Gender, Race, and Family Status Inequality in Labor Markets
This project addresses related questions about inequality in labor markets resulting from gender, race, and family status in the United States and Europe. Firstly, I analyze (with (Profs. Michelle J. Budig and Melissa Hodges) racial and gender differences in the effects of educational attainment on wages in the United States. Importantly, we look at various education specifications and use regression decomposition and wage return models with race and gender interactions to explore group differences in educational attainment and its impact on pay gaps. Group differences in educational attainment explain some of the race pay gap, but none of the gender pay gap. Instead, we find systematic evidence of lower returns to the same credentials for blacks relative to whites, for women relative to men, and most strikingly for black women relative to everyone else. Our comprehensive analysis extends the literature greatly by using an intersectional lens to address questions of inequality in the impact of education on pay.
Secondly, in collaboration with Prof. Michelle J. Budig, I investigate the relationship between motherhood and self-employment participation in 7 westernized countries with varying work-family policy contexts. Using longitudinal panel data, we consider how work-family policies and national labor market characteristics relate to mother’s self-employment participation in professional and non-professional occupations. Findings show that in policy contexts that emphasize maternal employment, we observe a pattern of careerist moves into entrepreneurial endeavors and strong preschool child effects on self-employment entrance. This suggests professionals may use self-employment to circumvent a mommy track in wage employment. In policy contexts that emphasize maternal care of young children, findings point to the use of self-employment as a path back into the labor force for mothers of young children. Lastly, in work-family contexts that offer little support for maternal employment or caregiving, patterns suggest that non-professionals may use self-employment as a strategy to balance paid and unpaid work.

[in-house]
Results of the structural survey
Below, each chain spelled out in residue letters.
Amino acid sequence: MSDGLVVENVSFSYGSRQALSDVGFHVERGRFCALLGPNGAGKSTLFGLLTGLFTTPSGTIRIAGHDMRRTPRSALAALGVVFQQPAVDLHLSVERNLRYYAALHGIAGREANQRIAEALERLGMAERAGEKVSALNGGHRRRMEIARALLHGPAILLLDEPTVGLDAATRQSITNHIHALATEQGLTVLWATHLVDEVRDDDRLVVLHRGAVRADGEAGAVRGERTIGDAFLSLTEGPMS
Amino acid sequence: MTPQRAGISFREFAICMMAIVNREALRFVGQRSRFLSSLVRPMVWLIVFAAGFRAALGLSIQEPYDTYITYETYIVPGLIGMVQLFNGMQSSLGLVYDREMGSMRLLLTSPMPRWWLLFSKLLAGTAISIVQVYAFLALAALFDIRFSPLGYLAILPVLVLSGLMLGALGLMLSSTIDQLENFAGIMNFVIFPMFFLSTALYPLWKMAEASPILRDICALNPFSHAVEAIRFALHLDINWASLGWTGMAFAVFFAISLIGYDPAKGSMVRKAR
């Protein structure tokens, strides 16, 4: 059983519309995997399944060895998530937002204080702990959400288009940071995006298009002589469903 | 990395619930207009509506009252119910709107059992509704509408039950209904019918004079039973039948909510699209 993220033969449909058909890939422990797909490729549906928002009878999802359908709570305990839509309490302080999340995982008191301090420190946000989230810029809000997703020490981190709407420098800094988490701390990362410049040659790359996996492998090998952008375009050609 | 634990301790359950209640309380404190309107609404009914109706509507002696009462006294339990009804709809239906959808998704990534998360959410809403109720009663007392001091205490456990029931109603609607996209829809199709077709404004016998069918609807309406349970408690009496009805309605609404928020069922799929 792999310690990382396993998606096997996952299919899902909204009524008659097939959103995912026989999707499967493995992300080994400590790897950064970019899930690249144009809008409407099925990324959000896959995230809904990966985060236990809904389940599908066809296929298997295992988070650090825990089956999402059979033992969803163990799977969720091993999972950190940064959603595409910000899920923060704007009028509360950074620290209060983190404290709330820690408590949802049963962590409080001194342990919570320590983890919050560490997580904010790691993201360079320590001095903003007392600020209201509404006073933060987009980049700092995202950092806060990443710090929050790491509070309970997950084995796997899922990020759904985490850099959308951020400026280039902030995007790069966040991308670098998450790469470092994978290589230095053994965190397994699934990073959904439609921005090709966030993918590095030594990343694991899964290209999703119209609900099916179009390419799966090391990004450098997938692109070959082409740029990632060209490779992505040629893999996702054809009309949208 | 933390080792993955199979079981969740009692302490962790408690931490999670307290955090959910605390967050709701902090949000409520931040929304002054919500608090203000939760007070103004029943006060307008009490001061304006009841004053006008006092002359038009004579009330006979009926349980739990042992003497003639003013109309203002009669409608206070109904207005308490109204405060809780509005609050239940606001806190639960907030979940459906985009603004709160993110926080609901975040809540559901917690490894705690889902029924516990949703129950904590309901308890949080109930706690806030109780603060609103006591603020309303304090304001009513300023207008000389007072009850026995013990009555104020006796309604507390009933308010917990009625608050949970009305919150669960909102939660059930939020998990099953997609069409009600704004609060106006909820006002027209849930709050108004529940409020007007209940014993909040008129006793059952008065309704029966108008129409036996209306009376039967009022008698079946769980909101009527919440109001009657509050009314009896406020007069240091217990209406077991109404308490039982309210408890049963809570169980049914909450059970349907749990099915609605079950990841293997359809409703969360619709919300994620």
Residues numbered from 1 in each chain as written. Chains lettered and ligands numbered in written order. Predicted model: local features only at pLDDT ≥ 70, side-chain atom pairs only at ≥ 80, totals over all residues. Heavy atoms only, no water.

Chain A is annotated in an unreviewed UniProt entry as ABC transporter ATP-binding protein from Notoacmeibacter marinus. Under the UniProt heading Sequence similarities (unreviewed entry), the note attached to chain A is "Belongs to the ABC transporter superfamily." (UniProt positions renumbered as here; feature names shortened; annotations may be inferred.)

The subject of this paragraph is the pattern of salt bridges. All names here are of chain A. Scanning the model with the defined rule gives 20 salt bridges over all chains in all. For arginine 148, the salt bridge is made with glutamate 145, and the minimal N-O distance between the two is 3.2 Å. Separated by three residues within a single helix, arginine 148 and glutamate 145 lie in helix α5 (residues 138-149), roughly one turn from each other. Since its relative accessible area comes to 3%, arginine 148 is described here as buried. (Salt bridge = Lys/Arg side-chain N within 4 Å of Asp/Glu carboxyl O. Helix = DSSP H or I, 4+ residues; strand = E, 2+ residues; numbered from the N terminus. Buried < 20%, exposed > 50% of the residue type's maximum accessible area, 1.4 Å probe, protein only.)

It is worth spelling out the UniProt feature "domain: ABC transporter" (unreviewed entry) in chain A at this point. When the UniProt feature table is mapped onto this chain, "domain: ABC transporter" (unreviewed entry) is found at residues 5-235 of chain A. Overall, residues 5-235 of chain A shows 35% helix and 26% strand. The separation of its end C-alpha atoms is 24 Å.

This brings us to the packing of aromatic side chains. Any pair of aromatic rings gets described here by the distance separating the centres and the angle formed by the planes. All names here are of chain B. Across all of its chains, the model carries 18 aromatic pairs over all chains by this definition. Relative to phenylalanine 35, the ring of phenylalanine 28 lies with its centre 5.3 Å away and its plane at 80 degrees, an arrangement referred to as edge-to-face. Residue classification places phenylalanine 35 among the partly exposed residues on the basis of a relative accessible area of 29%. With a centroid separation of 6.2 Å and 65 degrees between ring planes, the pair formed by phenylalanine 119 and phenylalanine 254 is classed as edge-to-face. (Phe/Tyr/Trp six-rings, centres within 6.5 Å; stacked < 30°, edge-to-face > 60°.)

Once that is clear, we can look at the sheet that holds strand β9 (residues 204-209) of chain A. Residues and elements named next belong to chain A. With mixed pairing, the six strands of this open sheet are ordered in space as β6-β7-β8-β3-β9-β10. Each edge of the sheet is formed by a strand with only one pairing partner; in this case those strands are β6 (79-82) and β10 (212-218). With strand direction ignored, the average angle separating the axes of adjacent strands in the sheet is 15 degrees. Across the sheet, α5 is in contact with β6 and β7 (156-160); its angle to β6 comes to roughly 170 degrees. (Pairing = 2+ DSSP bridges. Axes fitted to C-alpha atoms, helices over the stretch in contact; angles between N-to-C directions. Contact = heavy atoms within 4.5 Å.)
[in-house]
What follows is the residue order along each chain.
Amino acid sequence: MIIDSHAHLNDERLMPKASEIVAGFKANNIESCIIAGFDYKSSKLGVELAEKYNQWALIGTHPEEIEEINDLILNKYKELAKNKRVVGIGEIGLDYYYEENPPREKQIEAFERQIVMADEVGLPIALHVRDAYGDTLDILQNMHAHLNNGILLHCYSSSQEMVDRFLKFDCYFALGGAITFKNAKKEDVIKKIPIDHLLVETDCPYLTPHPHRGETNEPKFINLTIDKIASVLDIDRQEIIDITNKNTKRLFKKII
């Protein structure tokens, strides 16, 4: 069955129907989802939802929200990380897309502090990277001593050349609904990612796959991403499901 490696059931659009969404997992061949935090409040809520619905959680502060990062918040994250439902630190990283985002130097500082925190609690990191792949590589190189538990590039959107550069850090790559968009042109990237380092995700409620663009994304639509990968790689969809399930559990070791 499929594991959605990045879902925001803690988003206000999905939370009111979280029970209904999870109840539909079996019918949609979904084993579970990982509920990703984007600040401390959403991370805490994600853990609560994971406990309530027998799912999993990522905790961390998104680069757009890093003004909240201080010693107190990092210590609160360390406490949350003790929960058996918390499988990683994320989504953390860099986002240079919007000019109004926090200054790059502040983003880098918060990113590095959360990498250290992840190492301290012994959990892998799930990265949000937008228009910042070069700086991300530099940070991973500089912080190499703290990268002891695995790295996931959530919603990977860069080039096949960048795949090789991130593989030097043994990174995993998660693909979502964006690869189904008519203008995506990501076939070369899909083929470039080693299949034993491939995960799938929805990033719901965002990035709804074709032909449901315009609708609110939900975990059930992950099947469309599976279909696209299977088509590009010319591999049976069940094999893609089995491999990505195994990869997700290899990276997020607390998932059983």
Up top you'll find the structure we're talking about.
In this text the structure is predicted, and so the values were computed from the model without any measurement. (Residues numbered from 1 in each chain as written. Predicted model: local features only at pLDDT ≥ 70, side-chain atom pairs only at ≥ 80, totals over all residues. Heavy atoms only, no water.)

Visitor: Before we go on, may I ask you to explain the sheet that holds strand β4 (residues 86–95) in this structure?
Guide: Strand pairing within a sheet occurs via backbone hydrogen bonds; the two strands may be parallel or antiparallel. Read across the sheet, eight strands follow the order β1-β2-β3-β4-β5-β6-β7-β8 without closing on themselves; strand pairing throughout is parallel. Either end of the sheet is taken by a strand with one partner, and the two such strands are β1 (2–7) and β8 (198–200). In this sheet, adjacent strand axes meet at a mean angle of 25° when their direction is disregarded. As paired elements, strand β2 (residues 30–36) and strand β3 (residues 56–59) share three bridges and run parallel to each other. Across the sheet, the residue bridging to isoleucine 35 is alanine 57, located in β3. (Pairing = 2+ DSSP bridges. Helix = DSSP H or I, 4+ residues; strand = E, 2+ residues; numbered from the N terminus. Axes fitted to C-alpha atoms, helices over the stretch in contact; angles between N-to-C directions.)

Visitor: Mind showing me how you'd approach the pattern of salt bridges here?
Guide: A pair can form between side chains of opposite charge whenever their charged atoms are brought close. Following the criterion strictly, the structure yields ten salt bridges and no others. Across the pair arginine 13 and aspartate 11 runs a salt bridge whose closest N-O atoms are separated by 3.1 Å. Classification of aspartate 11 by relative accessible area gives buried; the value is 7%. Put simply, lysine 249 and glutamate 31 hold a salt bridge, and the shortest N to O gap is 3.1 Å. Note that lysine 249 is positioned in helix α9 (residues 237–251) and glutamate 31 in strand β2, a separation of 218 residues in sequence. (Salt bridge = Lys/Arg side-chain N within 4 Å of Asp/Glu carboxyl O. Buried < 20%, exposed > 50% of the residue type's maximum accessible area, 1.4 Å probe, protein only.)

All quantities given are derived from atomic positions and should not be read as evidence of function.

Thirdly, I study how racial disparities in the motherhood wage penalty have evolved between two generations in the US: baby boomers and millennials. Previous research has shown that white mothers face a greater motherhood wage penalty than Black or Hispanic mothers, with marriage playing a significant role as a mediator in these disparities. Using recent cohort data (NLSY97), this study reveals that Hispanic mothers face a greater and significant wage penalty compared to white or Black mothers among millennials. In contrast to baby boomers, millennial married mothers do not experience a larger wage penalty than mothers in other partnership statuses across all race groups. These findings call for a re-evaluation of the relationship between race, marriage, and the motherhood wage penalty among millennials.
Budig, Michelle J./Lim, Misun (Forthcoming). “Women, Children, and Self-Employment Cross-Nationally: Do Work-Family Policy Contexts Matter?” In Research Handbook on Self-Employment and Public Policy, Reuter, Enrico (Ed.). UK: Edward Elgar Publishing .